Figure Drawing with Music in my Head

February 16, 2012 in Figure Drawing by joanvienot

The room was quiet as we drew at Studio b. this week.  The model was extraordinary, performing poses during our one-minute and three-minute warm-up period that would have taxed an accomplished yogi.  We warmed up with gesture drawings for about half an hour, before drawing a few 10 and 20 minute poses, and then finally a 45 minute pose.  I’ve been enjoying a combination of white nupastel with black graphite for a while now, but in my final drawing I opted for a blue pencil with the white nupastel, at left.  The form was very simple from my vantage point, for the most part being only a silhouette with very little modeling.  Her shoulder blade was prominent, and there was a highlight on the muscle edging her spine, so I put a little more emphasis on her hair and the fabric she was lying on, to provide textural contrast.

The night before, I had listened to Amber Rubarth performing there at Studio b., in the courtyard below our figure drawing room.  Her music was still playing in my head as I drew.  I videotaped a few of her songs, but I don’t yet know how to upload them from my whiz-bang new iPhone, so here’s a link to a previous performance by Amber:  http://www.youtube.com/watch?v=5Mn9VtIFM0g.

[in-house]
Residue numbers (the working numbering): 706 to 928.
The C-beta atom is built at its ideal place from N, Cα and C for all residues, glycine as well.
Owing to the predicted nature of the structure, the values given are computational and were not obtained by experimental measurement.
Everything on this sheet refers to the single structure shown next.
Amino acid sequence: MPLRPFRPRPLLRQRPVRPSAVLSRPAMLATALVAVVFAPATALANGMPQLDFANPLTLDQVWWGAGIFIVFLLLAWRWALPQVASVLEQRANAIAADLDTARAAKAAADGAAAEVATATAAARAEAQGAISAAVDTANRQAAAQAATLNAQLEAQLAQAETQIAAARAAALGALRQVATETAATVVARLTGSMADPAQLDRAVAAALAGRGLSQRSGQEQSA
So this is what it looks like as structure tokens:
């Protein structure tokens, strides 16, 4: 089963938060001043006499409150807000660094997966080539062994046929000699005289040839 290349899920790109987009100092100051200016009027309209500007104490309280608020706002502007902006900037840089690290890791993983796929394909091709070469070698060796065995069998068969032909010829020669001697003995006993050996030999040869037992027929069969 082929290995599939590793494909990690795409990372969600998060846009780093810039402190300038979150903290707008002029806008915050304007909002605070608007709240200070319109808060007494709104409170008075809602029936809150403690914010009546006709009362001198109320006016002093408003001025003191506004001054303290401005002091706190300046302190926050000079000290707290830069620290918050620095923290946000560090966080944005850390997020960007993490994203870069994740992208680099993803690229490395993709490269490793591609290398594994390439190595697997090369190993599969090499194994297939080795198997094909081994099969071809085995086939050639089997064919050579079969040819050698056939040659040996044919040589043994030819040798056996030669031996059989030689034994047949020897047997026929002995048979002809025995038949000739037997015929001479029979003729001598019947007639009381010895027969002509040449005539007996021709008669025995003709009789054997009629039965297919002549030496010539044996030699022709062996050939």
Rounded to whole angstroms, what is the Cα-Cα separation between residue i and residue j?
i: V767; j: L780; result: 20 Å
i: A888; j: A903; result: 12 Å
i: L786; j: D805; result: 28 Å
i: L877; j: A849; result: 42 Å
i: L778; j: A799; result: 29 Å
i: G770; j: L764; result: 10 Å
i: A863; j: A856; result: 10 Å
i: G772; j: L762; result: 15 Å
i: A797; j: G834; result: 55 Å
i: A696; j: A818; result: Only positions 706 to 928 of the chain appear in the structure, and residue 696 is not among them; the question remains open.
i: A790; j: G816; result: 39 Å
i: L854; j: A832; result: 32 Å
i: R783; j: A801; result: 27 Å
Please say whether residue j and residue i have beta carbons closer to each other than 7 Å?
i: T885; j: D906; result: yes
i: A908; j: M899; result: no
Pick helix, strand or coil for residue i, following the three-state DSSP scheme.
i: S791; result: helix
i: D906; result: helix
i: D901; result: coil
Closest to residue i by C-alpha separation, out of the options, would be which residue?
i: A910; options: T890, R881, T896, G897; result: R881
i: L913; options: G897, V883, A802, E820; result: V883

I made a mistake on the drawing pictured at right, something I know I should never do.  I had torn a corner of the page off, to give to another artist who wanted to order the kind of paper I was using.  Then I kept that paper, to draw on.  I’d been carrying it around for several weeks, and last night I decided to draw on it, without trimming off the torn corner.  I used the rest of the borders as my boundaries, treating the torn corner as if it wasn’t torn.  Now that the drawing is completed, I see that I would have to mat out or trim off that torn corner, and with it, lose other essential parts of the drawing.  Since there is excess paper on another side, I think a good framer might be able to patch it, but the patch would show, upon close inspection.  So I have priced it as a sketch, even though the drawing turned out exactly as I wanted it.  Lesson learned, hopefully — If a corner is missing, always trim the paper to square up that corner before using it.

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